Windows 2016: http://support.microsoft.com/kb/3158987

In this screenshot you can see all vhdx files in the parent disks folder. Big size differences, right? And yes, I was writing this blog for you late at night.

Note: Nano server contains all of these packages:

Microsoft-NanoServer-DSC-Package.cab

Microsoft-NanoServer-FailoverCluster-Package.cab

Microsoft-NanoServer-Guest-Package.cab

Microsoft-NanoServer-Storage-Package.cab

Microsoft-NanoServer-SCVMM-Package.cab

All servers are hydrated as VMs on my laptop on my 1T Samsung 840 EVO SSD

Hydrated machines ready to be started

Msinfo32

Measuring IO overhead

For measuring IO overhead, I’ll be using Windows Performance Recorder and Windows Performance Analyzer – tools that you can download and install for free as part of Windows ADK. For each VM, I’ll start recording, boot VM, wait for logon screen to appear and then wait additional 60 seconds just to settle things down.

Windows Performance Recorder settings:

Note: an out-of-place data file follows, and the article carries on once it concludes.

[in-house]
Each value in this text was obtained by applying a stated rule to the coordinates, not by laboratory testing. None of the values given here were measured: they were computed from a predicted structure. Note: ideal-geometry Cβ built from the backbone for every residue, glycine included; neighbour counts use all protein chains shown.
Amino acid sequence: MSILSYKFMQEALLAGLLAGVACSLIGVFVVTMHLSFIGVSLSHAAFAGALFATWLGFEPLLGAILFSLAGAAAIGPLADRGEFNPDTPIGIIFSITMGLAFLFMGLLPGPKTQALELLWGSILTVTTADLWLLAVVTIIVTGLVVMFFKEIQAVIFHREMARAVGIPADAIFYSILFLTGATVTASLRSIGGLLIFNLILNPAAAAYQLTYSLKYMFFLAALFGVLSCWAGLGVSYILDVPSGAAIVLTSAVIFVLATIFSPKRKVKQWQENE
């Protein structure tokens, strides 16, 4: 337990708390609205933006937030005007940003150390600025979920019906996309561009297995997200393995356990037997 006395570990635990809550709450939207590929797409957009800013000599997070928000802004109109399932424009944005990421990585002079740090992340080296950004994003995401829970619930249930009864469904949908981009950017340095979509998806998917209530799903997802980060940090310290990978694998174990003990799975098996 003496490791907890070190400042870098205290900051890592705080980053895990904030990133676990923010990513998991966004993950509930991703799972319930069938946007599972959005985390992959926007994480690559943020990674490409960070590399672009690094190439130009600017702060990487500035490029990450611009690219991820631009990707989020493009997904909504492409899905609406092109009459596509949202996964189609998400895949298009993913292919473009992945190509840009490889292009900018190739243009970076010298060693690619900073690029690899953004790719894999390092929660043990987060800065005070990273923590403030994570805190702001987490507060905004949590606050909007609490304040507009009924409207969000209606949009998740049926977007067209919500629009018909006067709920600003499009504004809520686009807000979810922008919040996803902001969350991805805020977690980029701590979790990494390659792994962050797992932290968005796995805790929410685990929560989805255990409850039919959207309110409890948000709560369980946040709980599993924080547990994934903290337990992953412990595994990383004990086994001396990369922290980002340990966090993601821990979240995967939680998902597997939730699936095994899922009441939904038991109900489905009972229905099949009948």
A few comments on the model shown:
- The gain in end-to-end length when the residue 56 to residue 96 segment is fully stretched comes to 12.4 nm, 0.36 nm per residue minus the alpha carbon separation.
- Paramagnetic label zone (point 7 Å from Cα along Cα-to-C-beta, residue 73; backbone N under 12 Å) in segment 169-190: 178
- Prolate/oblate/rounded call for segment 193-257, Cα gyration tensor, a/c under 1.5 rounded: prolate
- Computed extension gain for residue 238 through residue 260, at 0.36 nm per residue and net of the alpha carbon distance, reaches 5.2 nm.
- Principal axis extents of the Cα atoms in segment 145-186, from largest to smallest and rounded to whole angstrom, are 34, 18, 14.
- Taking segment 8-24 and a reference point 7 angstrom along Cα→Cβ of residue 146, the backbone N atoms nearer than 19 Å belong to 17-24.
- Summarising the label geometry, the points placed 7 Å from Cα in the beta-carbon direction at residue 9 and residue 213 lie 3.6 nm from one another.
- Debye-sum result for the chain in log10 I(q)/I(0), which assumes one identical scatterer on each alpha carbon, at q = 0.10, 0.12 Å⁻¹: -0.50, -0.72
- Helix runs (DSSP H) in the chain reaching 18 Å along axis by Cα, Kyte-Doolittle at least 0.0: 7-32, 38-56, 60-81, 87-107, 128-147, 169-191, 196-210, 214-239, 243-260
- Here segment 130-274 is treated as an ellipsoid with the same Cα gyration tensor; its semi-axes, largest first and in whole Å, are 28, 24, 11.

Results

For displaying results I’m using Windows Performance Analyzer. Again – its free and part of Windows ADK.

Windows Server 2016 Nano

From the screenshot below you can see that IO settled down after 9 seconds. Total reads were 156 MB and Total Writes 135 MB. Machine did not reboot at all.

Windows Server 2016 Core

From the screenshot below you can see that IO settled down after 85 seconds. Total reads were 2,304 MB and Total Writes 1,170 MB. Machine rebooted once.

Windows Server 2016 Full

From the screenshot below you can see that IO settled down after 135 seconds. Total reads were 2,533 MB and Total Writes 2,089 MB. Machine rebooted once.

Windows Server 2012 R2 Core

From the screenshot below you can see that IO settled down after 82 seconds. Total reads were 1,618 MB and Total Writes 1,426 MB. Machine rebooted once.